Furthermore, in a departure from the usual play on angelic terminology, the new record would be called Bad Publicity. The front cover, photographed by Barry Levine over a two-day period at the Hollywood Blvd. Hyatt House, showed the guys in fashionable street clothes, partying with cards, booze and women. The back cover featured a collage of the group's negative reviews.

Frank Zappa performing "Punky's Whips"
The band was rather pleased with the result. But oops, they had forgotten who was really in charge.

Robinson recalls: "When the photographs were put in front of Neil Bogart, he said, 'I can't have this. You'll have to reshoot the cover.' Our manager said, 'But Neil, we spent $50,000 shooting this cover!' Neil said, 'I'll pay for it.' And he literally wrote a check for $50,000. We had new (white) clothes made and we reshot the cover."

The album was also renamed Sinful, but as a compromise, one photo showing the group in a police line-up dressed in "street" clothes was allowed to stay. (Although super rare, we're assured that a few copies with the original Bad Publicity cover did get out!)

Just how pervasive was Casablanca's control over Angel?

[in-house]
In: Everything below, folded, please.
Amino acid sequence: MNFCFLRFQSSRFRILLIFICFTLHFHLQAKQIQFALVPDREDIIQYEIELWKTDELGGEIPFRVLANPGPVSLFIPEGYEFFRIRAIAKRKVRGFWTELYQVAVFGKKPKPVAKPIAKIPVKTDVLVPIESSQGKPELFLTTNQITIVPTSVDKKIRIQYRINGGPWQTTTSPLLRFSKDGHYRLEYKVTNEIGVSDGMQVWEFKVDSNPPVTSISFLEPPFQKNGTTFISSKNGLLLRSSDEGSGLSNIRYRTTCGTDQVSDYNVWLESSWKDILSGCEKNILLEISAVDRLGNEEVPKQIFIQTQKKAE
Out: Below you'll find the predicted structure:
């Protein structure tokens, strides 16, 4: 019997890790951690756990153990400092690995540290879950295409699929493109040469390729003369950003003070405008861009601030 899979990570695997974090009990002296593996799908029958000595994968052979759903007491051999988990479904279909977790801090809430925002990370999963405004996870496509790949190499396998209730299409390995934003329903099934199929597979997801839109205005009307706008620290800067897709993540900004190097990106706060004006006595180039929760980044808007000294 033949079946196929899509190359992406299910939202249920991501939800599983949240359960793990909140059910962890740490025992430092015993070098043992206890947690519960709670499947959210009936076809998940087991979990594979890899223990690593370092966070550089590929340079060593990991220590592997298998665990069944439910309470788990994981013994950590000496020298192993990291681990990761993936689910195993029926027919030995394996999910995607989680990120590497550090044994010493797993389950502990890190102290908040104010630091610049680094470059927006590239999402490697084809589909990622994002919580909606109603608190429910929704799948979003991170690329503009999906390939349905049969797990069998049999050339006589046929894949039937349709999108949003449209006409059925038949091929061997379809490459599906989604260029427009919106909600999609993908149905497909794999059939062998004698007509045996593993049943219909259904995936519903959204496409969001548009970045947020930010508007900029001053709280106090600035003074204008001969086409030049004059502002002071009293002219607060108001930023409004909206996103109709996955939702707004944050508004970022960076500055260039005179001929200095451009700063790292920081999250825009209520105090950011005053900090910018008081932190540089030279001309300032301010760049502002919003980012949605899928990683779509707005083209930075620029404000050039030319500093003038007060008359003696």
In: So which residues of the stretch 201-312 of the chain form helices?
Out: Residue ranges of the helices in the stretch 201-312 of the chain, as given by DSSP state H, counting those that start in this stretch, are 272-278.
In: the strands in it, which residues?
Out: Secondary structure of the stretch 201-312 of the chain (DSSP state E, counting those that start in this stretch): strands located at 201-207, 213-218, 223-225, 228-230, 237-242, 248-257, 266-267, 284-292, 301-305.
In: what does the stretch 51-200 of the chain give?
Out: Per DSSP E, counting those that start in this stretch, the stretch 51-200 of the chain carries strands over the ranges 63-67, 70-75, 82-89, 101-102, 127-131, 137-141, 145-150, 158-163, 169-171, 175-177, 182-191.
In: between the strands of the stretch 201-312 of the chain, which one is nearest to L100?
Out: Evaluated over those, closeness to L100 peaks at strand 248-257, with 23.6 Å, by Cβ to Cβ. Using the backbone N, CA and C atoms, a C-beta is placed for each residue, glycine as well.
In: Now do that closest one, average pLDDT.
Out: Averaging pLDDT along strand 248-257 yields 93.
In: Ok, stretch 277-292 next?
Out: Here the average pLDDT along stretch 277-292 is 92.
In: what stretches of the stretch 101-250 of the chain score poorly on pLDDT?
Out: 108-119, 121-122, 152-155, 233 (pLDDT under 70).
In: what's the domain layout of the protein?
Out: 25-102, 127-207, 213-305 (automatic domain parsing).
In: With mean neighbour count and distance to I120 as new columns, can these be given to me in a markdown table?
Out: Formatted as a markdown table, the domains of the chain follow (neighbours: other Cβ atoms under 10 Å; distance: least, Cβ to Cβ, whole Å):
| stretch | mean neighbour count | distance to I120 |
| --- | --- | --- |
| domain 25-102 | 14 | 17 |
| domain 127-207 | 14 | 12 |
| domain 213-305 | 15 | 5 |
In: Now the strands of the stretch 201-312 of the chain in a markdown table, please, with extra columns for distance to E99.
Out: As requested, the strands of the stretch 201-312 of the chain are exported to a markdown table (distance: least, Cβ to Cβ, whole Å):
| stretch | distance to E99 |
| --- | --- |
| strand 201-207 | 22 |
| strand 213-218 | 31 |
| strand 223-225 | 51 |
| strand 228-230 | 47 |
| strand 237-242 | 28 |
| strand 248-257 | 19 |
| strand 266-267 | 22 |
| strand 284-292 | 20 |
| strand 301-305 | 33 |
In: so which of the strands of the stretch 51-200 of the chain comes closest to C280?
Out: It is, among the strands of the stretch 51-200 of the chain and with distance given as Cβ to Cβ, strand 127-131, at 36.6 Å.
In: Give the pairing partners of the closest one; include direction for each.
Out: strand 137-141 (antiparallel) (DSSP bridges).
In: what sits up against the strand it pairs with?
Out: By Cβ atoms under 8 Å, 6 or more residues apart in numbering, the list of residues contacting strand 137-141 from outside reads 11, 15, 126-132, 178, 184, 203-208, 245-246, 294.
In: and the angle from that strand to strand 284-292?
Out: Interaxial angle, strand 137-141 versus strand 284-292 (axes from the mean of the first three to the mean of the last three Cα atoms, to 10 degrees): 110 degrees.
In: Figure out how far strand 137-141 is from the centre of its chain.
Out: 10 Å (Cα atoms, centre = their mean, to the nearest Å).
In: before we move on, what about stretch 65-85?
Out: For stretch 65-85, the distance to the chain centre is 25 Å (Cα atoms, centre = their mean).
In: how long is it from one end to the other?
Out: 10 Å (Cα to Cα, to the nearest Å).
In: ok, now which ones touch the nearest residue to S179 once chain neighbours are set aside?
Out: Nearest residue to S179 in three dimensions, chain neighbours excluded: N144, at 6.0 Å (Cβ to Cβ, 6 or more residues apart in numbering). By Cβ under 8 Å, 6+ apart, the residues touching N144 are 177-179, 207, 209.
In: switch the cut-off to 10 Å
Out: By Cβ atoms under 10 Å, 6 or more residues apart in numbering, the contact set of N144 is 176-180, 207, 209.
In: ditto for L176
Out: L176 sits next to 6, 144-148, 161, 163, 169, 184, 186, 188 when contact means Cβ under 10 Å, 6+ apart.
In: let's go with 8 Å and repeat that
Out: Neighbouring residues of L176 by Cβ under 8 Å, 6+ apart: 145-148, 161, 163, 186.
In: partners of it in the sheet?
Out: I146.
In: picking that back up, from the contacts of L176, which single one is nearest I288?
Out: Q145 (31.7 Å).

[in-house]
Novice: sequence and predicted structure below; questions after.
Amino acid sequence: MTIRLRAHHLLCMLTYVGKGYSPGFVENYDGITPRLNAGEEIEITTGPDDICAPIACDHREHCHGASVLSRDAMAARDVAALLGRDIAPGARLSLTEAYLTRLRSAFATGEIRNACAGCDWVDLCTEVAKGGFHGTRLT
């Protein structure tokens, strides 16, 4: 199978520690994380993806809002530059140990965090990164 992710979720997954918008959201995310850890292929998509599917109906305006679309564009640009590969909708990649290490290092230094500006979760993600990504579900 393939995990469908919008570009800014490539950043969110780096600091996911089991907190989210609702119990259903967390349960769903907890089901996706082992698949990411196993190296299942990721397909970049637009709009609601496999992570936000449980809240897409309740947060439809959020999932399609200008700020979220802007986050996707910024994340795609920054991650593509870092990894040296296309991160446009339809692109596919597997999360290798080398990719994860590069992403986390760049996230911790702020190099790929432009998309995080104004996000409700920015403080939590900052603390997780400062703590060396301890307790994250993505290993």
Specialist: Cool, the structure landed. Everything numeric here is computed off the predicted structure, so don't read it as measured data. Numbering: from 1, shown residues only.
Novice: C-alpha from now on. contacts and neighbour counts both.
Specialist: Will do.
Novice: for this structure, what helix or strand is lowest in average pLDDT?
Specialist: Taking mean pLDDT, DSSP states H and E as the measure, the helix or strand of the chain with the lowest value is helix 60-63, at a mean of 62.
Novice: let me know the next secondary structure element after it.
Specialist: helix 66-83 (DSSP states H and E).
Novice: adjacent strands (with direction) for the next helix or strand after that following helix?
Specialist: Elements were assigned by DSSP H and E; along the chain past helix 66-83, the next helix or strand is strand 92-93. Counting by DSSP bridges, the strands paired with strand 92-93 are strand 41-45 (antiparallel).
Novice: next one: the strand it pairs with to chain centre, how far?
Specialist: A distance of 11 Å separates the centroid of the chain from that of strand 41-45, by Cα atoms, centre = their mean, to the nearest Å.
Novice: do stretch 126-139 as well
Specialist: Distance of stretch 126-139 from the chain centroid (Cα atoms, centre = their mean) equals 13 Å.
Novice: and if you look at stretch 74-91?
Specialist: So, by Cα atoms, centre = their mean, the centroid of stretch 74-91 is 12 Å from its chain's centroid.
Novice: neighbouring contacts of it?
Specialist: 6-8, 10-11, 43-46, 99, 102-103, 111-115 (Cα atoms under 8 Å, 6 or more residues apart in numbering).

"When Kiss scored a Top 10 hit with 'Beth,' we were told to write a song like 'Beth,' asserts Robinson. "We were told to write a song like 'Rock and Roll All Nite.' They said, 'Write an anthem song.' And we tried."
Angel - Casablanca Records/Toby Management publicity photo
At another point in the interview Robinson fumed: "The management and the record company always had complete control over this band. There was never any time when the band had complete control over what it did musically."

Didn't that drive them crazy?

Koh Hasebe pic for Japanese Burrn! magazine
"It drove us all crazy!" he stresses. "I think we all felt that we were compromising our individuality, that we were selling-out. But we were perfectly willing to do it because we felt it was a guarantee of success."

With Sinful, Angel truly hit its recording stride. On tunes like "L.A. Lady" (with Giuffria pounding out a great honky-tonk piano), "Lovers Live On," "Just Can't Take It," "I'll Bring the Whole World to Your Door," and "Wild and Hot" (featuring Robinson on an upfront vocal mix) the band confidently used elements of R&B, power pop and hard rock to create what should be acknowledged as rock 'n' roll classics.